1. Attention Grabbing Sales Description.


The sales description, also called the book blurb, is the next stop in the sales funnel. It is the second hurdle that the customer has to mount before they are ready to spend money on your book.


It’s tough to write a good blurb. Don’t believe me. Head over to Amazon and take a look at the scores of books dedicated to sales description. There is an art to writing book blurbs. And writers who can produce dynamite blurbs charge big bucks in the publishing world. Think Stephen King writes the copy on the back cover of his book? No sir. A professional copywriter penned that.


Your blurb needs to leave readers wanting to know what happens next. If you need help punching up your blurb, check out Bryan Cohen’s How to Write a Sizzling Synopsis. It won’t turn you into a professional copyeditor, but it should at least help you craft a book blurb good enough that potential customers will download a sample. If your story is halfway decent, they’ll buy.


  1. Social Proof.


The third part in the trifecta is social proof. Potential customers want to know that other people bought your book and enjoyed it before they’ll cough up the bread. That means positive reviews. Customers want to read glowing comments from other readers saying good things about your work.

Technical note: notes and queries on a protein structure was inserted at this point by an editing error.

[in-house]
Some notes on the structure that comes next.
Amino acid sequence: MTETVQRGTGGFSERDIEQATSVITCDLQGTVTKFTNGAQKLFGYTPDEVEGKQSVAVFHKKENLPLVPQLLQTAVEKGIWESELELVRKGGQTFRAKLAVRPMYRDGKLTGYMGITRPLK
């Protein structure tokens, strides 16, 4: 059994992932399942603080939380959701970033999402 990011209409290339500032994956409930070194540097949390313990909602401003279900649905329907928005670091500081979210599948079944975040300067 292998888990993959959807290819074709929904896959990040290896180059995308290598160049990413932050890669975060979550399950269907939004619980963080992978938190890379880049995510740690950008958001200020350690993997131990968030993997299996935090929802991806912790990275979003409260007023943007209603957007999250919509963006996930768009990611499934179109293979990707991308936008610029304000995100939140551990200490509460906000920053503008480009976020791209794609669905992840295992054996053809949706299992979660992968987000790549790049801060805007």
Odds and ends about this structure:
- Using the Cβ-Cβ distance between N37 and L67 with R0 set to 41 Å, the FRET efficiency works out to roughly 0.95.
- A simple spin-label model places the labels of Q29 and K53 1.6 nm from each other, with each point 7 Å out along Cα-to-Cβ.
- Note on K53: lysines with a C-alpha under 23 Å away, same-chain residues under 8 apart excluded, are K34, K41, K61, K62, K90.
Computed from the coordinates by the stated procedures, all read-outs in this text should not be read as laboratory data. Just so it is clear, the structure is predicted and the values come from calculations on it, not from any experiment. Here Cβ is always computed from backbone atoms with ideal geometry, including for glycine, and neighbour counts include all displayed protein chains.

I know what you are thinking: “How the hell am I supposed get reviews if I need reviews to sell books! It’s a Catch Twenty-Two.”


Keep your shirt on.


The secret to getting reviews is easy. Give you book away for free. Now I can hear you really howling. “Free! You know how long I worked on this book!” Long as anybody else, I suspect.


Bottom line: you want people to buy your book, you’ll need reviews and that means giving a few copies away for free. Traditional publishers give away ARC (Advance Reader Copies) to reviewers. Those reviewers read the book and then leave reviews. If big publishing companies understand the value of giving away free copies, then you should as well.